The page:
12.29.2008

85 percent of my love

Still doing things Texas style. Rebecca and I head back to Chicago this afternoon where we'll enjoy a one-day respite before hitting the road again, this time to Iowa to see the other half of her family. It's like we're home, but WE JUST CAN'T STOP TRAVELING.

I hope everyone had a wonderful Christmas. I did, and now I'd like to talk briefly about Chuck Klosterman.

Rebecca's mom remembered that I had put his book Killing Yourself to Live: 85% of a True Story on my list for last year but didn't receive it. I then, for whatever reason, completely failed to read it in the entire following year. This made it a lovely surprise come present-opening time.

(I also received some very sharp knives that will definitely not make it on the plane. They will be have to be mailed.)

Anyway, I've had some time to read quite a bit of it over the last two days. It's Klosterman being Klosterman - incredibly analytical and surprisingly self-absorbed about subjects that normally require neither of those things. Really good if you enjoy him.

My only beef with the book, and really the thing that I've thought the most about so far, is the blurb on the back cover. From author Bret Easton Ellis, it reads as follows:

"I can't think of a more sheerly likeable writer than Chuck Klosterman and his old-fashioned, all American voice: big-hearted and direct, bright and unironic, optimistic and amiable, self-deprecating and reassuring - what a captivating lack of fuss or pretension."

This quote makes me seriously doubt whether Mr. Ellis and I have been reading the same author at all. Of the 13 descriptive terms used in that blurb, I see merit in exactly four.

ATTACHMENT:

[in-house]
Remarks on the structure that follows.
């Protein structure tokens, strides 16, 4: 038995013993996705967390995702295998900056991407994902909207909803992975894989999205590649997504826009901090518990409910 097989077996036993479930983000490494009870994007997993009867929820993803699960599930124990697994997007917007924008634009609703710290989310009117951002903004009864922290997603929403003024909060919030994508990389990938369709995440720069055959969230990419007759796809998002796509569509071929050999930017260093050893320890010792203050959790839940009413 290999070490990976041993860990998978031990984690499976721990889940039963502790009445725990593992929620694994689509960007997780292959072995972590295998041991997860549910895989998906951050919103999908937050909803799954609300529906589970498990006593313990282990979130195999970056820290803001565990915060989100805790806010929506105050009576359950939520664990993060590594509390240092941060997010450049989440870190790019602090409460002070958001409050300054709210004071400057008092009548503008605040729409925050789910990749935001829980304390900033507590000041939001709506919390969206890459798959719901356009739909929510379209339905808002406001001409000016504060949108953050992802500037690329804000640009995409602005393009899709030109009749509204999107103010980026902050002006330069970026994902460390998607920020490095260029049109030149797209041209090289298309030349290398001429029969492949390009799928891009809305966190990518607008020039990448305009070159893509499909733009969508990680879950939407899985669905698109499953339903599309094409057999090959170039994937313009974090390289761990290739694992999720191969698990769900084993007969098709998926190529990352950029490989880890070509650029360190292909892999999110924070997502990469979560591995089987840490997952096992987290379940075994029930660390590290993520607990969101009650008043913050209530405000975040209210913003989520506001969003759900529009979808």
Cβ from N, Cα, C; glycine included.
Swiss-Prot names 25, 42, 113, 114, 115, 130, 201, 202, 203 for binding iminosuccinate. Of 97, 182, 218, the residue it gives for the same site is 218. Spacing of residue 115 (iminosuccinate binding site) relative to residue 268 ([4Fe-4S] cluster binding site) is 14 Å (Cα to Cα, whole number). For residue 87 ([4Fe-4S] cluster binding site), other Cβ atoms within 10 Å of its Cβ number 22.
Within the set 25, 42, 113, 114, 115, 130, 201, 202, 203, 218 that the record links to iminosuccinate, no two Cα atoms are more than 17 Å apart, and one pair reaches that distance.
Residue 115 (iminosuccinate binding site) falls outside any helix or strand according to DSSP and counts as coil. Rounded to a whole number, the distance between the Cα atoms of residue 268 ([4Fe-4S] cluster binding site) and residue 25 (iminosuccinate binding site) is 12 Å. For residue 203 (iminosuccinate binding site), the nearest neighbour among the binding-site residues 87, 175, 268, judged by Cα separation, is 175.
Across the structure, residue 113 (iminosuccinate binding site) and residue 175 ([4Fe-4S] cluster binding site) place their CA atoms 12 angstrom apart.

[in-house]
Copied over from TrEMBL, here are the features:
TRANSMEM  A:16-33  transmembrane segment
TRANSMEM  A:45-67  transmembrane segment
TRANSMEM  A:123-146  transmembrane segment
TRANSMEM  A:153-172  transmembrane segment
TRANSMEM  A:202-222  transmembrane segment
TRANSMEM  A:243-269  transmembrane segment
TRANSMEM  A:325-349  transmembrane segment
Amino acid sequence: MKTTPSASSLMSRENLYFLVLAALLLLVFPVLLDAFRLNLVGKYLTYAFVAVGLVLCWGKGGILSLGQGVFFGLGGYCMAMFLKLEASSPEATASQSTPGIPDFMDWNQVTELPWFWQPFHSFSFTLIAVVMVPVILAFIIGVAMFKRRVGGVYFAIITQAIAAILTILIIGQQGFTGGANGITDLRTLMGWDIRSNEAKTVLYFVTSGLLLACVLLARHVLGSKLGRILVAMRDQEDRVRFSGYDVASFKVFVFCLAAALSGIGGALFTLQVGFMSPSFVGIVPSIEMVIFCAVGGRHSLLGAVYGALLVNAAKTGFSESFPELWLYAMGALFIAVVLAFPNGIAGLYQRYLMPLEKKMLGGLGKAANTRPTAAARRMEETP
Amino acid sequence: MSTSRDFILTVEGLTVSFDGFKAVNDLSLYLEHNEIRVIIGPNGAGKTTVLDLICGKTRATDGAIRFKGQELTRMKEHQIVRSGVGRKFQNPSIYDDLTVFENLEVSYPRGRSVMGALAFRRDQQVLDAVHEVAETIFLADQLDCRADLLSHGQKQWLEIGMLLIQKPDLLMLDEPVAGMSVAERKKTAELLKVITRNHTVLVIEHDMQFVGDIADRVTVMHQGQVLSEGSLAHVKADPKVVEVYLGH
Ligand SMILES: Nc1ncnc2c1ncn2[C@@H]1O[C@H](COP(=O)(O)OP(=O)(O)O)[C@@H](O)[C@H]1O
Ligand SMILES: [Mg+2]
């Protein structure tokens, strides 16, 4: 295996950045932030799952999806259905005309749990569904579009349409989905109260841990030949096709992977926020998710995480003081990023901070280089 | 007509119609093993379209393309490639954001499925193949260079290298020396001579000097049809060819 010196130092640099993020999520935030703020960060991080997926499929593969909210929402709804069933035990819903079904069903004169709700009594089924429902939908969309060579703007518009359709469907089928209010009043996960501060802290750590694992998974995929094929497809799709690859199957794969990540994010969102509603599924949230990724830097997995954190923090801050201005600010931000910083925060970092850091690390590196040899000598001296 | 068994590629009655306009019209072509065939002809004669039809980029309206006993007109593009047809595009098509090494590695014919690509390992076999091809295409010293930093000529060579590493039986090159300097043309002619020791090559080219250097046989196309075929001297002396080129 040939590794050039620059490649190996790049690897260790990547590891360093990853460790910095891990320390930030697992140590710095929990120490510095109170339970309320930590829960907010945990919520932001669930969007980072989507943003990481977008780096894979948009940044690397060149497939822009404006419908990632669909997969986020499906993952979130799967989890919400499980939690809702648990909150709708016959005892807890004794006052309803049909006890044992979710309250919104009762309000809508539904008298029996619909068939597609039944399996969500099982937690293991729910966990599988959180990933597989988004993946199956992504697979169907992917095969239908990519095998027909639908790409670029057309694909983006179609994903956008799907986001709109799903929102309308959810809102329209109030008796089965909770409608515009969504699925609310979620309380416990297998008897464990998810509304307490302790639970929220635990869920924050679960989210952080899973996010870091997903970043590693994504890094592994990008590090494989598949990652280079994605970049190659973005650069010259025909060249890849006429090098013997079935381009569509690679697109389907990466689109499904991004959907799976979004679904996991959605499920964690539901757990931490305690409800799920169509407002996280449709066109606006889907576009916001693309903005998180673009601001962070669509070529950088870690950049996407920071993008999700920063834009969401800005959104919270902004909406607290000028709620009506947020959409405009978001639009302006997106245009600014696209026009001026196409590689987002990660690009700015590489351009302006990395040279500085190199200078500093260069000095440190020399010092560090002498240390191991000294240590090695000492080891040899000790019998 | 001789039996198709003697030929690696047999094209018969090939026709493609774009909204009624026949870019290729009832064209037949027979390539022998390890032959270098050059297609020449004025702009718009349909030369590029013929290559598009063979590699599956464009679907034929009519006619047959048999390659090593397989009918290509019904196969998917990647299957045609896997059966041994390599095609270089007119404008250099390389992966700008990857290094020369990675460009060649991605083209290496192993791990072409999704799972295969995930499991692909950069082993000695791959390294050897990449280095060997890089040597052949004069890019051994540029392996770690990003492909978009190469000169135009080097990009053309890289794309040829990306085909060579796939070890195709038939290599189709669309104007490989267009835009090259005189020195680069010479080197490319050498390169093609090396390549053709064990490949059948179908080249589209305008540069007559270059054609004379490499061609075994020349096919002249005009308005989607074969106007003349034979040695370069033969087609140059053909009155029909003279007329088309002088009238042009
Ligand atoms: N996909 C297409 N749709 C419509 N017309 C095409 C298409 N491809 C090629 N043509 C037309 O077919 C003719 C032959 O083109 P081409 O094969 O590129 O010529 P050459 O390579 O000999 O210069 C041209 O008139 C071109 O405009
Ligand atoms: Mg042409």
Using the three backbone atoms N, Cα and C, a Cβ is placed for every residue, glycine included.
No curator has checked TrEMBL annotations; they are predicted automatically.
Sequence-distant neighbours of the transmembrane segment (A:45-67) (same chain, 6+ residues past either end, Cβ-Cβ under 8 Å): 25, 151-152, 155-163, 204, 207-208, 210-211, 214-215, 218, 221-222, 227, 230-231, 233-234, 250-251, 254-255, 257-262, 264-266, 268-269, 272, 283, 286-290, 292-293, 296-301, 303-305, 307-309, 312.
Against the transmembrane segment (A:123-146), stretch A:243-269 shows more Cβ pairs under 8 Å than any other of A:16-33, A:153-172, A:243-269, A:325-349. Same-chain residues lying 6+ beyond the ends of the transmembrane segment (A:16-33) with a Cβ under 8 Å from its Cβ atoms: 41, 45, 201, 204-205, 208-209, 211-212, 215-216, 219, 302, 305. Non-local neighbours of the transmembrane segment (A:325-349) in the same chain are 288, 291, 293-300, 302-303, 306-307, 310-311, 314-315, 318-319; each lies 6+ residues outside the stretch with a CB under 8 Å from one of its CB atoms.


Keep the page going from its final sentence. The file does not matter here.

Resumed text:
I consider the following to be possible explanations:
a) Mr. Ellis made this quote ironically.
b) Mr. Klosterman used this quote ironically.
c) The publisher liked it.

I'm leaning toward option c at this point. Options a and b are unlikely because there is a small kernel of truth in the quote, or at least 4/13s of one.

The final option is that everyone is being sincere and it's actually intended to be 85% of an ironic back cover blurb.

And really, the entire purpose of writing this was to get to that last sentence because it was so clever of me to think of it. You're welcome, Internet.

1 comment:

Melissa said...

When I was on tour for a children's theatre, my partner and I read this book to each other to pass time while driving through boring parts of the country. It was perfect for that sort of thing. I never saw that blurb, but I think I'd have to go with option c as well. I hate Chuck Klosterman, but I love him just as much.